Learning About White Privilege
Reading about the history and effects of racism in America is helpful for white judges to understand how fundamental it is, says Doyle. “Living a life of white privilege makes it challenging to understand what it’s like to live a life of black oppression, 24/7,” she said. In 2014, Judge Doyle and other judges started a court book club on race and equity, beginning with The New Jim Crow by Michele Alexander. Judge Doyle remains an avid reader of fiction and nonfiction that explores race in America. “The truism that a novel allows the reader to walk in the shoes of another person really is true,” said Judge Doyle. “I started with the Walter Mosley mysteries a couple decades ago, and just kept going.”
“What’s always amazed me is that, as protester Kimberly Latrice Jones has said — after all this — all black people want is equality, not revenge,” she said.
Recently, Judge Doyle has been reading How to Be a Non-Racist by Ibram X. Kendi, a successor to his opus, Stamped from the Beginning: The History of Racist Ideas. “Professor Kendi’s thesis is that the ideology of racism and white supremacy did not precede and lead to slavery and its subsequent oppressive iterations. Rather, greed, the desire for cheap labor and retention of power came first, and racism became the ideological justification therefor.”
Judge Doyle grew up in Rainier Beach, was graduated from Rainier Beach High School, and is first generation college-educated. She spent most of her attorney career in appellate clerkships and appellate public defense, with the exception of a year as an associate at a big firm. That was not a good fit. “A partner commented that our job was to help business achieve its goals,” she recalled. “I realized that was the problem! I didn’t care about helping business achieve its goals; I wanted to change the world.”
Judge Doyle served on the bench in Seattle Municipal Court from 1998 to 2004, and on the King County Superior Court from 2005 to the present. Judge Doyle is widely regarded as one of the best trial judges in the state. She received the “Judge of the Year” award from Washington State Attorneys for Justice (WSAJ) in 2016.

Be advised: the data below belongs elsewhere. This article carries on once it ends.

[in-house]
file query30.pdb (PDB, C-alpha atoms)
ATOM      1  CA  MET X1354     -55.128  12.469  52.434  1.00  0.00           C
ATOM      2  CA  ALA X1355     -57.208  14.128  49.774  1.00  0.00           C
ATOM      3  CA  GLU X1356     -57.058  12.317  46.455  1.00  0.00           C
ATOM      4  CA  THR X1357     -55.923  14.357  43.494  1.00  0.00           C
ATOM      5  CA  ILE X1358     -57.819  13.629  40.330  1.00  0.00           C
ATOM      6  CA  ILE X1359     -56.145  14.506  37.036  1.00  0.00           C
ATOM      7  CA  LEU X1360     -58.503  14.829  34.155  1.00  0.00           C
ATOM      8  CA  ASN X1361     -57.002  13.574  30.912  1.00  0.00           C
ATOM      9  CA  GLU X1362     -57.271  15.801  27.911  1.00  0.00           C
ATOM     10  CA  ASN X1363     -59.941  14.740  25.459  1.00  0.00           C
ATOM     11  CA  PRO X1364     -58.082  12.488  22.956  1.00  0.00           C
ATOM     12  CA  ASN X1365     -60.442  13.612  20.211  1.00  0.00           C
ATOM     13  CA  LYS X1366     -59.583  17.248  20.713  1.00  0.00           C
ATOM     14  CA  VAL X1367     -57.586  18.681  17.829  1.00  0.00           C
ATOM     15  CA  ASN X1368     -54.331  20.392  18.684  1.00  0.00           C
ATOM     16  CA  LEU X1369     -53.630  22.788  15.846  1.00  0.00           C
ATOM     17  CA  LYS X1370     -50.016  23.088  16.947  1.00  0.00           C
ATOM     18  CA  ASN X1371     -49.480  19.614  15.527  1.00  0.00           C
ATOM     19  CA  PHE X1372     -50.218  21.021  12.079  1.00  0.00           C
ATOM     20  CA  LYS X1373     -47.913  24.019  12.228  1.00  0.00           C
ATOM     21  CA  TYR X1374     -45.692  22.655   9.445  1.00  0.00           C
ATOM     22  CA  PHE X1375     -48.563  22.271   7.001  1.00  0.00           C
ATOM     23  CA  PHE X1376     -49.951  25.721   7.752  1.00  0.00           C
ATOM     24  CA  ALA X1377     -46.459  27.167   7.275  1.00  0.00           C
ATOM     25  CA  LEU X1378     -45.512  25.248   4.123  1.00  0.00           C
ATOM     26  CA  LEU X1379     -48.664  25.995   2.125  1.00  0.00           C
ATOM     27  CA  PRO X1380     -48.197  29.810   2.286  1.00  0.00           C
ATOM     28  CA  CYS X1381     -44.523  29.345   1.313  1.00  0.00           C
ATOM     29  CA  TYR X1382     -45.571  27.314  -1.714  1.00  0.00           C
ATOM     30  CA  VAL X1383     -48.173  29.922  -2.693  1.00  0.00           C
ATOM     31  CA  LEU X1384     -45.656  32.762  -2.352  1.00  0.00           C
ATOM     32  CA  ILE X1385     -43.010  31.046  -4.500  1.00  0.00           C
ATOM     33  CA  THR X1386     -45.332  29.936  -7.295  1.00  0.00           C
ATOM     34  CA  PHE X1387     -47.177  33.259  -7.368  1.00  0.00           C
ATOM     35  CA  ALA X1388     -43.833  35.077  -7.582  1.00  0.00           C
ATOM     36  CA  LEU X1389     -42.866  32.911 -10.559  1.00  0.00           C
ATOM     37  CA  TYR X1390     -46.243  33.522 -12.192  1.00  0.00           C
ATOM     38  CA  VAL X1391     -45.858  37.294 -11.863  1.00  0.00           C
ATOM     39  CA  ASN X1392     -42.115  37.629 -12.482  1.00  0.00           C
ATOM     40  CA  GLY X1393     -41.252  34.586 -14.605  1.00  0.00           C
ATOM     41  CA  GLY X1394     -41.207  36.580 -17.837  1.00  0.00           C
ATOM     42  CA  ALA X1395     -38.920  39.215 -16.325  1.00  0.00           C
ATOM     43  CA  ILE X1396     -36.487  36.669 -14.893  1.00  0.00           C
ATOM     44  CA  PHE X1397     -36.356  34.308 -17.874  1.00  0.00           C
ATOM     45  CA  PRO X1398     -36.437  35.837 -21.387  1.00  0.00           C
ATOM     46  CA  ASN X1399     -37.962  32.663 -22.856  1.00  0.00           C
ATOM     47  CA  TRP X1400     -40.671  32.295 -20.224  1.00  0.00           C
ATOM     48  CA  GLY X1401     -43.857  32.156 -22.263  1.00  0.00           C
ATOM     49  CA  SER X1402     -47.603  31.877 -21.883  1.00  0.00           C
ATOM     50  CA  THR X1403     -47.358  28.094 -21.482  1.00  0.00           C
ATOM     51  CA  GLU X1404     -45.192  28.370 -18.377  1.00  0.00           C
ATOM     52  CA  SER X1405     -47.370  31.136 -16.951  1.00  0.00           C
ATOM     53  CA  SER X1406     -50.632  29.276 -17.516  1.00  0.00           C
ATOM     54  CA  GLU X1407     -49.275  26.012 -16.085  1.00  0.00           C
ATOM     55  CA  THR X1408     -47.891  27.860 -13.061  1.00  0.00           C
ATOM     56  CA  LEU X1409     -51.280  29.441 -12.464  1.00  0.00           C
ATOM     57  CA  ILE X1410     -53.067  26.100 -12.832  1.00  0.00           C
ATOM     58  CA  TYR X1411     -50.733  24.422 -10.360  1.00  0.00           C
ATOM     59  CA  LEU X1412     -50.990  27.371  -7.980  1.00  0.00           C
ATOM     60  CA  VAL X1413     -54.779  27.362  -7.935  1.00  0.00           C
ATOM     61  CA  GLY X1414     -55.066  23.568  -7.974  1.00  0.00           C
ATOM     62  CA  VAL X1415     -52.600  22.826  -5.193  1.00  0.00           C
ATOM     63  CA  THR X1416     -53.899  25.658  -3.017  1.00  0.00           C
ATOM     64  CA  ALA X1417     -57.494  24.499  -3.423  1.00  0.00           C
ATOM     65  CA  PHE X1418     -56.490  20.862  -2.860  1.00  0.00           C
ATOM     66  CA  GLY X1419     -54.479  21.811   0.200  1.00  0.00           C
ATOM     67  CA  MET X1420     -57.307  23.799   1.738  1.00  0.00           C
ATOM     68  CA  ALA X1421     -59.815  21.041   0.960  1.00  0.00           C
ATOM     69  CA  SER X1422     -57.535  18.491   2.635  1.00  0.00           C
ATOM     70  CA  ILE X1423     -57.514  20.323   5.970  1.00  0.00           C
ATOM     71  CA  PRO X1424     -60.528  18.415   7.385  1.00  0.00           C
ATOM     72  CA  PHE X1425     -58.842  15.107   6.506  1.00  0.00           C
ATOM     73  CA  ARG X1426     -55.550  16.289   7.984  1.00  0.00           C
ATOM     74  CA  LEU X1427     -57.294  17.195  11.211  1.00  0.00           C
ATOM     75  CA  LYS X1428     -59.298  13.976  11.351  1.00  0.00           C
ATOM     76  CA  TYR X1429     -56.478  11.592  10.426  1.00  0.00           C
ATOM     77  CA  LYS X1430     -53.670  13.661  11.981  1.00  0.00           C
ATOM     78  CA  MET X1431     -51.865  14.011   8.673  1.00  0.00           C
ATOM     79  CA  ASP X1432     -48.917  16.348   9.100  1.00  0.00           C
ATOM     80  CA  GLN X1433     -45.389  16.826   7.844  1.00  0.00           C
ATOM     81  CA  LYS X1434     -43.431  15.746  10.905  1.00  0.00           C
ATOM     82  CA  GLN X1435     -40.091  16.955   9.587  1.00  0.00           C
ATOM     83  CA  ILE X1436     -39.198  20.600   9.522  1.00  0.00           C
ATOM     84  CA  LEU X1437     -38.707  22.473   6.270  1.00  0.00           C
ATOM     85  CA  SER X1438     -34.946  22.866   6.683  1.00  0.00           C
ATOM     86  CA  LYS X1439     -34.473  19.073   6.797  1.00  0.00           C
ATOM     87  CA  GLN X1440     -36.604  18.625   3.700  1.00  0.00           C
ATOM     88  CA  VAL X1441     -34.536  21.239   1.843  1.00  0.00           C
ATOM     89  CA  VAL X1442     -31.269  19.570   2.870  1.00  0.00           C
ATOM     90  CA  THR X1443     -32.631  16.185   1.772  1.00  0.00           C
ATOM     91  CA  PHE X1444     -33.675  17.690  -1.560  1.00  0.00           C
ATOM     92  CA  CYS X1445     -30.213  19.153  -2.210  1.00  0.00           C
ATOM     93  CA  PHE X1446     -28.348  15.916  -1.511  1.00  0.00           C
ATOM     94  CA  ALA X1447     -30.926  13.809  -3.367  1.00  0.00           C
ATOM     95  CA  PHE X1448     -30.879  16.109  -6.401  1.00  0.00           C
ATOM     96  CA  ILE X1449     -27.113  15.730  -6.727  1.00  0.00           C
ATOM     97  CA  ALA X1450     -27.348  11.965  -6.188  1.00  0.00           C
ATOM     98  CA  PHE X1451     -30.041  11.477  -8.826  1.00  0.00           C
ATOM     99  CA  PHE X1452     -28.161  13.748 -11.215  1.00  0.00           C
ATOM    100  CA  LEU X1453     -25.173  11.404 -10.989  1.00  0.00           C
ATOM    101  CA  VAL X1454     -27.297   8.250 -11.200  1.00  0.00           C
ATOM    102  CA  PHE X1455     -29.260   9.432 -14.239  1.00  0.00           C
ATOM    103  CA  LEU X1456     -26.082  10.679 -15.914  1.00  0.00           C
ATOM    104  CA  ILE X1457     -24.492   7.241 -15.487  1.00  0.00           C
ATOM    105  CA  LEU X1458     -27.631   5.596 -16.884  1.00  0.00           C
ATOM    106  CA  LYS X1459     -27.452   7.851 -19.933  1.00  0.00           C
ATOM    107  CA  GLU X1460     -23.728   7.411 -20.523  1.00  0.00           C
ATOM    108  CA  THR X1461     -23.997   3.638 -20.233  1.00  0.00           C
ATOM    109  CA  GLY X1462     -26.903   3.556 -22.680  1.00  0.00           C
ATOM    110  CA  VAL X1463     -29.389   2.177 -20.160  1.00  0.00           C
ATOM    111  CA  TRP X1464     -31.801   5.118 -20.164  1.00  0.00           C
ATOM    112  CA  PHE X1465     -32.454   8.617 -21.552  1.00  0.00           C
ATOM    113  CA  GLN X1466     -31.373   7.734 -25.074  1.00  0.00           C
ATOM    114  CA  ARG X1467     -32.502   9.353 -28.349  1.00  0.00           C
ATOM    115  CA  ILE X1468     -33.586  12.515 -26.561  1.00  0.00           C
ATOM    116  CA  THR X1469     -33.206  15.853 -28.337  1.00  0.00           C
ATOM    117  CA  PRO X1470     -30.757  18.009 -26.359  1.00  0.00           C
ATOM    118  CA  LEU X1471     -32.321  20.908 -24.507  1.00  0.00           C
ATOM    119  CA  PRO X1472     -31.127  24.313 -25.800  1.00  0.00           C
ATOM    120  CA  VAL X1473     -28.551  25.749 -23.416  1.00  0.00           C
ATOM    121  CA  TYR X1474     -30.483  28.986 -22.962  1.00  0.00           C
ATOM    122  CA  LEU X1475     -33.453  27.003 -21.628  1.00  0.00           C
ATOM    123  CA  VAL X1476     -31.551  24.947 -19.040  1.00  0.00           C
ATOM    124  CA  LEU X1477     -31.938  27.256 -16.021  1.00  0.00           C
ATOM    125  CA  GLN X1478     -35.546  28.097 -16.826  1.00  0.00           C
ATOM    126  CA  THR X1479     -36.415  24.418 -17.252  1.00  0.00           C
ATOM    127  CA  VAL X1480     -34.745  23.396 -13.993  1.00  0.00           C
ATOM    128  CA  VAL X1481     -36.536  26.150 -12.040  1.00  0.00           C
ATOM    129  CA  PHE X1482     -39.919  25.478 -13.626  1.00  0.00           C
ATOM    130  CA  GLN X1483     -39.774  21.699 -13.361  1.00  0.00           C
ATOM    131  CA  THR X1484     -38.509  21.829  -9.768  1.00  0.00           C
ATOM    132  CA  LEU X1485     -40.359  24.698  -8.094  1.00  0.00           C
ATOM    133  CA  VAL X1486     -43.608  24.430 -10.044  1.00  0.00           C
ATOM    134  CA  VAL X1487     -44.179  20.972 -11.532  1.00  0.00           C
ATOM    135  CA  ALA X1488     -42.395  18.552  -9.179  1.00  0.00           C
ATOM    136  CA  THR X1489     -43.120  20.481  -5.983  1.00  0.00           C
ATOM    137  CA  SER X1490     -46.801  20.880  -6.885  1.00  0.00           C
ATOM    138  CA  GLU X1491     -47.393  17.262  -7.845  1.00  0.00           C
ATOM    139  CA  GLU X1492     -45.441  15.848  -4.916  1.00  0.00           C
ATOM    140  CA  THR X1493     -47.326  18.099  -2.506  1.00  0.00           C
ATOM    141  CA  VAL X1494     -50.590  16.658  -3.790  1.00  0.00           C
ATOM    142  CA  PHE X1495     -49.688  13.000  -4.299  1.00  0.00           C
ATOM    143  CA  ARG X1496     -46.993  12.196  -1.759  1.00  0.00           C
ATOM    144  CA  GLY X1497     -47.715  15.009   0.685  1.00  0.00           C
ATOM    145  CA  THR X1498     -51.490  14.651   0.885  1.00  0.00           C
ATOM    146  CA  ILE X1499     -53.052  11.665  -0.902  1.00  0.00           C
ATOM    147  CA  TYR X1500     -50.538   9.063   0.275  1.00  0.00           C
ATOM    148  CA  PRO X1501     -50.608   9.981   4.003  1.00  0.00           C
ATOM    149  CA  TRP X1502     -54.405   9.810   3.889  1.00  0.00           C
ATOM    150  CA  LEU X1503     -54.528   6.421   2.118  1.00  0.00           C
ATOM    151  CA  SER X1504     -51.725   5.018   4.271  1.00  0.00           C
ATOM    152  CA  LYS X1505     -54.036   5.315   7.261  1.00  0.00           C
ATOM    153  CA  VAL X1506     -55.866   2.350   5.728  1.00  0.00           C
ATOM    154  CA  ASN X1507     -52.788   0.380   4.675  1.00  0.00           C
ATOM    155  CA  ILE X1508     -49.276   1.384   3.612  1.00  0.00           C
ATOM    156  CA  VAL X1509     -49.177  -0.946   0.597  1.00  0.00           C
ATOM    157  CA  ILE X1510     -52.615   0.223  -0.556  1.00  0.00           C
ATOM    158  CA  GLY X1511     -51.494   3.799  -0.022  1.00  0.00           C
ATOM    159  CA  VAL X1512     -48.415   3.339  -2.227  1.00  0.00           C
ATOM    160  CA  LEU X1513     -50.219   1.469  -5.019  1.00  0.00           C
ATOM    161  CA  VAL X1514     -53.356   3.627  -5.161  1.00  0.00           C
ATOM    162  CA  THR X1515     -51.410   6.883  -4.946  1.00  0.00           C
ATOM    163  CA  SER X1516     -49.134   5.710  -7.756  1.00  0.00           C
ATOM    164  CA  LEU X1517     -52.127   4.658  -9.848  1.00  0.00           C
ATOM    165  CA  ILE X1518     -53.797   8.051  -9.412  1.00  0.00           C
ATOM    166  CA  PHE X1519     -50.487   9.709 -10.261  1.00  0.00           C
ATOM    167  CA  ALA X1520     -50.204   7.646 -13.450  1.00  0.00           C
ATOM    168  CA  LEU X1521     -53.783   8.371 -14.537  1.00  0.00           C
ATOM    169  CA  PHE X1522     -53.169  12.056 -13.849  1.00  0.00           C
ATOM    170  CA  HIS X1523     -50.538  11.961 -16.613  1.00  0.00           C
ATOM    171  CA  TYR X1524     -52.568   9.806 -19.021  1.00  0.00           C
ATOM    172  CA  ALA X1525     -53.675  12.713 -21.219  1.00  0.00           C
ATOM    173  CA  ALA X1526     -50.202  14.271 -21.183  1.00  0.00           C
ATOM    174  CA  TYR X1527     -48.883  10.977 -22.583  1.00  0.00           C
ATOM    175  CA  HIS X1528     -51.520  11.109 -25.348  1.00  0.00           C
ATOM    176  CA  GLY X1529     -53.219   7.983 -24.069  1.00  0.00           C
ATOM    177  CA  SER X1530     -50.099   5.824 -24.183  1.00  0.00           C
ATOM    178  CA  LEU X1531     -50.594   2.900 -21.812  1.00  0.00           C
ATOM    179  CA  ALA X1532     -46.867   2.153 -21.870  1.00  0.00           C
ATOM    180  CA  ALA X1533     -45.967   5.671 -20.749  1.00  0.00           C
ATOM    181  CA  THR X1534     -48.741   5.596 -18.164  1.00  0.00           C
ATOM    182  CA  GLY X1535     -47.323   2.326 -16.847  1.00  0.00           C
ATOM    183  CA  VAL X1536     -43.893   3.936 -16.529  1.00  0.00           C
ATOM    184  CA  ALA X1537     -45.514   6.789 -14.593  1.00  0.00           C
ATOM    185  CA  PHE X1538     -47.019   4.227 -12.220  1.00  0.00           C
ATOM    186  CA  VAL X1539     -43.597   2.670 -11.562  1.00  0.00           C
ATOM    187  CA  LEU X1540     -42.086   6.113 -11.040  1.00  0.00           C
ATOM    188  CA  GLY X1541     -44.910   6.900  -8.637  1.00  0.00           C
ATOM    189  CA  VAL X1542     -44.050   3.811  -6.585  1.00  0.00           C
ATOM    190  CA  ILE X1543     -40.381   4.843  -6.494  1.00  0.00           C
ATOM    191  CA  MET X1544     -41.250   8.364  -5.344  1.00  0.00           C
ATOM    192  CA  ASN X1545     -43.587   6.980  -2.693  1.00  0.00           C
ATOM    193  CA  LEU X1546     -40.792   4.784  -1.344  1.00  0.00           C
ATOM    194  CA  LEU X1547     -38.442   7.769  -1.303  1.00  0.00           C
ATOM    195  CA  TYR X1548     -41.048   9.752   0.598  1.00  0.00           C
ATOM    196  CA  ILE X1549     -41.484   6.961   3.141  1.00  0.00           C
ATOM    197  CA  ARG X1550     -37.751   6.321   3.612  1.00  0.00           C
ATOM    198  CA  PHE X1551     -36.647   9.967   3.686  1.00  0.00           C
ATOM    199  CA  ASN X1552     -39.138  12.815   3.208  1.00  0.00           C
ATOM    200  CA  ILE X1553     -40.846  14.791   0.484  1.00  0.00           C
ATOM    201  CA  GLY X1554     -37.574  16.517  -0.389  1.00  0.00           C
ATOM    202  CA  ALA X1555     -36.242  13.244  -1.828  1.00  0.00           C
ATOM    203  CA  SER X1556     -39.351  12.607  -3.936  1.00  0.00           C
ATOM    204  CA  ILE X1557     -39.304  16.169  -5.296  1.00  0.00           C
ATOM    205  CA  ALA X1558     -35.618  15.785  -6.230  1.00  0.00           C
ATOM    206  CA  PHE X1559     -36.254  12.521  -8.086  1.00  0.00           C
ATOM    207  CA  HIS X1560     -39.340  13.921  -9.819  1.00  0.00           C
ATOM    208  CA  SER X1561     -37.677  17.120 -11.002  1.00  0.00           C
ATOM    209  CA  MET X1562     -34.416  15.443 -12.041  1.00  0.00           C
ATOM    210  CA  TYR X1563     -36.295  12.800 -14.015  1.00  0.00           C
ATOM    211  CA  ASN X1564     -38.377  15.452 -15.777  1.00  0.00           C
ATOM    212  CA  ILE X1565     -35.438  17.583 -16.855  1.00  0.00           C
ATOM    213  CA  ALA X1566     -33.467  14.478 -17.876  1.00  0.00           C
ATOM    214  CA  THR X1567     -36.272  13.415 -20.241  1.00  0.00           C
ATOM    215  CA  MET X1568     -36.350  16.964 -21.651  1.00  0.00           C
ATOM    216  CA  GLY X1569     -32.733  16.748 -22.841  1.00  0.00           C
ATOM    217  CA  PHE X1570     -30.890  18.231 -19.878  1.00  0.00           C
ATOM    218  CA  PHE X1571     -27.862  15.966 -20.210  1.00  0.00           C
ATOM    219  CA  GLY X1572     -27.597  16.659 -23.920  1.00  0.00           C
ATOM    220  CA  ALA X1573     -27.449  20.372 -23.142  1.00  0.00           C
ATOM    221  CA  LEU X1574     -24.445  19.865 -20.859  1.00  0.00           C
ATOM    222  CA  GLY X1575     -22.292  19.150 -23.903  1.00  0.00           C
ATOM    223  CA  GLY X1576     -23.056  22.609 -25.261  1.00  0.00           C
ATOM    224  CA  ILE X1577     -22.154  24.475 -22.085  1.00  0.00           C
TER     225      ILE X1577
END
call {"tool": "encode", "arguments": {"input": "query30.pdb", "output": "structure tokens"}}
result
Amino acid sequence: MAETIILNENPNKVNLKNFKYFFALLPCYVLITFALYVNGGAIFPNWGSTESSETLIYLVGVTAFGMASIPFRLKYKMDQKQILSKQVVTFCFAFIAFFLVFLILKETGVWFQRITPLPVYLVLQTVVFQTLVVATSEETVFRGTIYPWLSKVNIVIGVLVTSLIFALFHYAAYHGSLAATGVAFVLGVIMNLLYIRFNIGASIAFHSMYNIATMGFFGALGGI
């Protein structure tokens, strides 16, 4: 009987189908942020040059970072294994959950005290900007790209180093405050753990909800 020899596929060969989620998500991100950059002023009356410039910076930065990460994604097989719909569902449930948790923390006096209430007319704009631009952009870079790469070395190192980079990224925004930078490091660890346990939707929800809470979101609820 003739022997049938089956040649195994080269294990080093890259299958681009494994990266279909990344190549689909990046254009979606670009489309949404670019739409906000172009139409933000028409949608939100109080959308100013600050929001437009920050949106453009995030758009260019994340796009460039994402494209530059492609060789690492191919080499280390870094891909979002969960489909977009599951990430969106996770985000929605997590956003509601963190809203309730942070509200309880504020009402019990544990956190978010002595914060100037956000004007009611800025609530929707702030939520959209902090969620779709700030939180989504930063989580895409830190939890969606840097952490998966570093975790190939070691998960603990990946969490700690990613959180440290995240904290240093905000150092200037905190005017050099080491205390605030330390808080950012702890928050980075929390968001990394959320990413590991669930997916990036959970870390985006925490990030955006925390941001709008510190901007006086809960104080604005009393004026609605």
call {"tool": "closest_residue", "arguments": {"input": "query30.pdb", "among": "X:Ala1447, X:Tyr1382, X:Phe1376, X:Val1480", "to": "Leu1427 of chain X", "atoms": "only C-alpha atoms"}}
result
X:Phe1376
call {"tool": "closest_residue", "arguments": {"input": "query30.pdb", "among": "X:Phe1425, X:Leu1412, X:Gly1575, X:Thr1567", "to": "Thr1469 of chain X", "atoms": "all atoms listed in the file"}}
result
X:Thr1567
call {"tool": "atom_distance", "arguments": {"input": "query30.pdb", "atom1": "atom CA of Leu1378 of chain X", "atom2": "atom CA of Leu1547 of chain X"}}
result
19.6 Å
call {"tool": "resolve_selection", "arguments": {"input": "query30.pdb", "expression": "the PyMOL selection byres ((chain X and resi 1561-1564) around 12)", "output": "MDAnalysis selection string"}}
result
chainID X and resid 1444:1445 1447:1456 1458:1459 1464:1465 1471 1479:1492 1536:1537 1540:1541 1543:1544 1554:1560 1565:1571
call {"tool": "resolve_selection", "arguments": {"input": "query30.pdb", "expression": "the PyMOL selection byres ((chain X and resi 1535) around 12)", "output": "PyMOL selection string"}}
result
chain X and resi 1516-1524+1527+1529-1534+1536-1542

Jeffery Robinson has said: “I have known Judge Doyle since she went on the Seattle Municipal Court in 1998, and I have always been impressed with her mental acuity, her inquisitiveness, and her sharp and astute legal analysis.”
Theresa Doyle retires from KCSC at the end of the year but not from the legal community. She will continue her criminal justice reform work, and plans to do some mediation and more gardening.
Lisa is a 2019 MacArthur award recipient for her criminal justice reform work. In 2011 she helped create LEAD, a program that diverts offenders away from the criminal justice system and into services. Because of its measurable success, LEAD is being replicated in jurisdictions across the nation.
Lisa organized the defense of the WTO protesters in 1999, and started the Racial Disparity Project in 2001. In 2013 she co-chaired Seattle’s Community Police Commission. Lisa is the executive director of the Public Defender Association.
1 188 Wn.2d 1, 391 P.3d 409 (2017)
2 The court resentenced under Petition of Light-Roth, 200 Wn. App. 149, review granted, 189 Wn.2d 1030 (2017), where the Court of Appeals held that the law about juvenile brain science and lessened culpability had materially changed and thus could be applied retroactively. The Supreme Court took review and reversed Light-Roth.
3“Legal Financial Obligations: A Ball and Chain”, King County Bar Bulletin, January 2016, https://www.kcba.org/kcba/newsevents/barbulletin/BView.aspx?Month=01&Year=2016&AID=article20.htm; “New State Law May Boost LFO Reform, But Funding May Lag”, King County Bar Bulletin, June 2018, https://www.kcba.org/kcba/newsevents/barbulletin/
BView.aspx?Month=01&Year=2016&AID=article20.htm; “End the Cycle of Debt for Indigent Defendants”, Seattle Times, February 20, 2016